All About Roundabouts

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Welcome back to the Sunrise Asphalt blog, where we deliver all the news that craves to be paved… We will work on that whole thing later. Anyways, here on the blog, we cover stuff that is related to our industry of pavement and other related subjects. This time we are talking about the most strange of road traffic flow intersections-traffic circles, roads circles, rotaries… or roundabouts! Ever get one added to your neighborhood and immediately the confusion seemed too much for your neighbors to handle? Well here’s all you need to know about roundabouts.

Roundabouts are circular intersections to allow almost continuous traffic flow. The design of modern roundabouts is to create a variety of positive effects. They are made in such a way to reduce the frequency and severity of collisions, reducing the speed of traffic and also the angles they may occur at by limiting head-on and T-bone accidents. They also allow U-Turns in standard traffic flow, which is often not possible at other junctions. They are also safer for pedestrians as well as the traffic they need to look for will only be coming in one directions as opposed to up to four in a standard intersection. All of that and they potentially lead to less pollution for a few reasons, less time spend idling and vehicles not having to come to a complete stops allows for fewer emissions. All these benefits !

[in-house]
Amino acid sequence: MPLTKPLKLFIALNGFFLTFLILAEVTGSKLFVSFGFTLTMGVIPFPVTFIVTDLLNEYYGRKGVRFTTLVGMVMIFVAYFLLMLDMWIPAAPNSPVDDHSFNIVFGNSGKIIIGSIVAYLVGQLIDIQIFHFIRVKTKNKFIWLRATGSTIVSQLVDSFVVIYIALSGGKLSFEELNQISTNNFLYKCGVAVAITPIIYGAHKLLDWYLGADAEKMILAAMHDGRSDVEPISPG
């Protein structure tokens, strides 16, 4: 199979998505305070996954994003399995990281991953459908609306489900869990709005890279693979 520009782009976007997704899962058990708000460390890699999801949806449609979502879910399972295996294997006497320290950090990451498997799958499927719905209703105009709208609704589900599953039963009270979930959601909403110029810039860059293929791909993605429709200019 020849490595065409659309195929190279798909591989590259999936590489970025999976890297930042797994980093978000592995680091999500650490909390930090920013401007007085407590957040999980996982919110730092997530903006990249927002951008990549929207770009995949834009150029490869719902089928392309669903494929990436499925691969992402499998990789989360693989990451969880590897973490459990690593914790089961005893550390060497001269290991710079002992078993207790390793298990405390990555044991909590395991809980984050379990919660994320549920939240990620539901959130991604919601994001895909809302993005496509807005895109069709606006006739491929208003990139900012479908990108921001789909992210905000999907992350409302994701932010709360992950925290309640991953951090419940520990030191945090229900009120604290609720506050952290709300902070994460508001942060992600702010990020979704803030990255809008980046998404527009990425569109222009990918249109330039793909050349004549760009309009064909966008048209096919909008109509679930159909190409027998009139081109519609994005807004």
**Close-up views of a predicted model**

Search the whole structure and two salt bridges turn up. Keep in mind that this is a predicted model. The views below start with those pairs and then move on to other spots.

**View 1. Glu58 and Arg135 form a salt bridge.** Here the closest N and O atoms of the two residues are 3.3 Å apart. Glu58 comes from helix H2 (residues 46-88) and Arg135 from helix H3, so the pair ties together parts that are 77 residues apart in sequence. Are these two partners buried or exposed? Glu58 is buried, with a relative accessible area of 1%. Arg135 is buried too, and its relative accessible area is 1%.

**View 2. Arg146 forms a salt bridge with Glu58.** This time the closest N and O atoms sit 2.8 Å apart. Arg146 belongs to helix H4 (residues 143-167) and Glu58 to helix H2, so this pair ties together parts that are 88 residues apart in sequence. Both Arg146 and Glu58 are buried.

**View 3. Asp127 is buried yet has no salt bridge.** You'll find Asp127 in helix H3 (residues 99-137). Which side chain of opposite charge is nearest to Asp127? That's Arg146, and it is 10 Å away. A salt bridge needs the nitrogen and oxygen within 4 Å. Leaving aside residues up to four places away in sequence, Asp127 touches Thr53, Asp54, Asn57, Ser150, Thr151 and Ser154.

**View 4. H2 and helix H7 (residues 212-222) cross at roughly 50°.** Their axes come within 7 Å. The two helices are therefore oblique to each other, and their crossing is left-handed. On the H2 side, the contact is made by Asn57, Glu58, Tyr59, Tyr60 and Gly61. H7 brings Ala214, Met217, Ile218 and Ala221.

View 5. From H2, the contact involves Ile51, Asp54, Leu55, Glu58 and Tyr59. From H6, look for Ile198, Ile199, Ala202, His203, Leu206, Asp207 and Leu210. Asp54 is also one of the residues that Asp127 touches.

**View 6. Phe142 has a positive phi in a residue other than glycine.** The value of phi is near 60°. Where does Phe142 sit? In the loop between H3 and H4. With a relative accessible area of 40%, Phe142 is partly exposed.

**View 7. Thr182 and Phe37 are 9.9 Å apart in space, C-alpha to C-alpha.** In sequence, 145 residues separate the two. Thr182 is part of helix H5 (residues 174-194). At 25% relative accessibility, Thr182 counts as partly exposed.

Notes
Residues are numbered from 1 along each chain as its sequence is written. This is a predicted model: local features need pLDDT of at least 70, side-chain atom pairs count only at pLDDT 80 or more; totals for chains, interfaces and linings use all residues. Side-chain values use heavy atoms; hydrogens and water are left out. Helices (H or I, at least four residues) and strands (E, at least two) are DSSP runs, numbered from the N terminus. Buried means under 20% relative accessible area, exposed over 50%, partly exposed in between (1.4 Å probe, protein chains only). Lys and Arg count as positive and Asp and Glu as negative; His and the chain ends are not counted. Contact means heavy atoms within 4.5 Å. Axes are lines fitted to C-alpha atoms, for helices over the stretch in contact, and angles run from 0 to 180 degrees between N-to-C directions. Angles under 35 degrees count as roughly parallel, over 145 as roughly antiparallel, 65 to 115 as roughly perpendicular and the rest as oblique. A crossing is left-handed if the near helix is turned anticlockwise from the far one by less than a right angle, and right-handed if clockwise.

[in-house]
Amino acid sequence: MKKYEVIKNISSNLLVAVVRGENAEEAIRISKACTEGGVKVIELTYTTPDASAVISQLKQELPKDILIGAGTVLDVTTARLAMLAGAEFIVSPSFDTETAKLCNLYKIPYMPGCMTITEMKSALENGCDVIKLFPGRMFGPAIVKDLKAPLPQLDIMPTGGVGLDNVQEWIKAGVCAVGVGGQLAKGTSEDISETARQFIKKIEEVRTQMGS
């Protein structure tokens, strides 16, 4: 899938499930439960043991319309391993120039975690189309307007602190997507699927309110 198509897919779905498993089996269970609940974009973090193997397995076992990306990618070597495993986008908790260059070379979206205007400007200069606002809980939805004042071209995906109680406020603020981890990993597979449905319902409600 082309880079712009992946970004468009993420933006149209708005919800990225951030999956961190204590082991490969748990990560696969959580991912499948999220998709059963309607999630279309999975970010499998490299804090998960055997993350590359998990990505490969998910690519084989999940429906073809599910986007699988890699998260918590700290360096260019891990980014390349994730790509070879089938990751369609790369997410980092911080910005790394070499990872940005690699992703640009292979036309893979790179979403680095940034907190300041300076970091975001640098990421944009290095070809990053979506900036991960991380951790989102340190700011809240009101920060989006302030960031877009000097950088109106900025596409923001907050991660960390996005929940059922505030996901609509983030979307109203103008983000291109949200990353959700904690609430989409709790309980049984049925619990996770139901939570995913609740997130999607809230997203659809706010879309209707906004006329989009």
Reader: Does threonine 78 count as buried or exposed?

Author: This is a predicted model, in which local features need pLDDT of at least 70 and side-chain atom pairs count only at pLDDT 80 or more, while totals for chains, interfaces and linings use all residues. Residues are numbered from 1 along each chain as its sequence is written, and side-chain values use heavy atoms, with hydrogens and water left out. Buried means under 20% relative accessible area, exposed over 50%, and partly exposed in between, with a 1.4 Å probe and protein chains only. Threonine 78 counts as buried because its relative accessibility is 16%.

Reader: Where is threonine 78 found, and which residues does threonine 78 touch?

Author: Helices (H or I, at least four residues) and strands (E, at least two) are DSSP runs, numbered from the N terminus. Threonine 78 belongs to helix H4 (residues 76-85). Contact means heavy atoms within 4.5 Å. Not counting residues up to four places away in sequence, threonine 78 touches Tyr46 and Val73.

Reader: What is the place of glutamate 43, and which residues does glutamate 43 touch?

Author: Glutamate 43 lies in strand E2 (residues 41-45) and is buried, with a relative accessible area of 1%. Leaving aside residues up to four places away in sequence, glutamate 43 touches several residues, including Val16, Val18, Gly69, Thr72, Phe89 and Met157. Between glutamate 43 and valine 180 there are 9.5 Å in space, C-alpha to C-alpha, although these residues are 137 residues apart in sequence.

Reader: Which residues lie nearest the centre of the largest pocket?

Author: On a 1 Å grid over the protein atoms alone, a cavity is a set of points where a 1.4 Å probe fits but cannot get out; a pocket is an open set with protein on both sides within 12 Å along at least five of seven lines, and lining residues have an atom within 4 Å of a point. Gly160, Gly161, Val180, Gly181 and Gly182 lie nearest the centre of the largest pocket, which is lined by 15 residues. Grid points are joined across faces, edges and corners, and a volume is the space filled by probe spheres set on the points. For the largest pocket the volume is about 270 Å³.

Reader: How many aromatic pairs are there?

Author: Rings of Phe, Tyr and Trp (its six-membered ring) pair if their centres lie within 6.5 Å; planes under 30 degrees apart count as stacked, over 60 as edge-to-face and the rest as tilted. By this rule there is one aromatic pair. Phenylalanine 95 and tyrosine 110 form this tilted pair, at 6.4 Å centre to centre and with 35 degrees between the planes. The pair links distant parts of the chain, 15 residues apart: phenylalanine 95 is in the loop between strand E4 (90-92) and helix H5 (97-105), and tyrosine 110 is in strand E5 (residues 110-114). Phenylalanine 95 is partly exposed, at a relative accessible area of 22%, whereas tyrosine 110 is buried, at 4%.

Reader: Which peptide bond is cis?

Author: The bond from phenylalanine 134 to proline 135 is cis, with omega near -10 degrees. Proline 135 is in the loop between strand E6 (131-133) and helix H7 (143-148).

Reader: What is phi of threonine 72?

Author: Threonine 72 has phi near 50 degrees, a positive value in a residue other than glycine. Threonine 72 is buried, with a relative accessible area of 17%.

While they have existed around the world for over hundred years, the widespread use of them didn’t occur until the United Kingdom’s Transport Research Lab engineers reworked the intersections in the 60’s.

Fun Facts:

Over half of the world’s roundabouts are found in France with more than 30,000 as of 2010.

While France may have half of them, the U.K. has more proportionally.

The first modern roundabout was designed in 1907 by architect John McLaren

Polls shows that public opinion before construction on roundabouts is at 68% opposing but swings after to 73% in favor.

Roundabouts may seem confusing when they first pop up, but as more and more cities adopt them into their traffic flows and drivers get more experience, you’ll find that their benefits far outweigh that initial discomfort.

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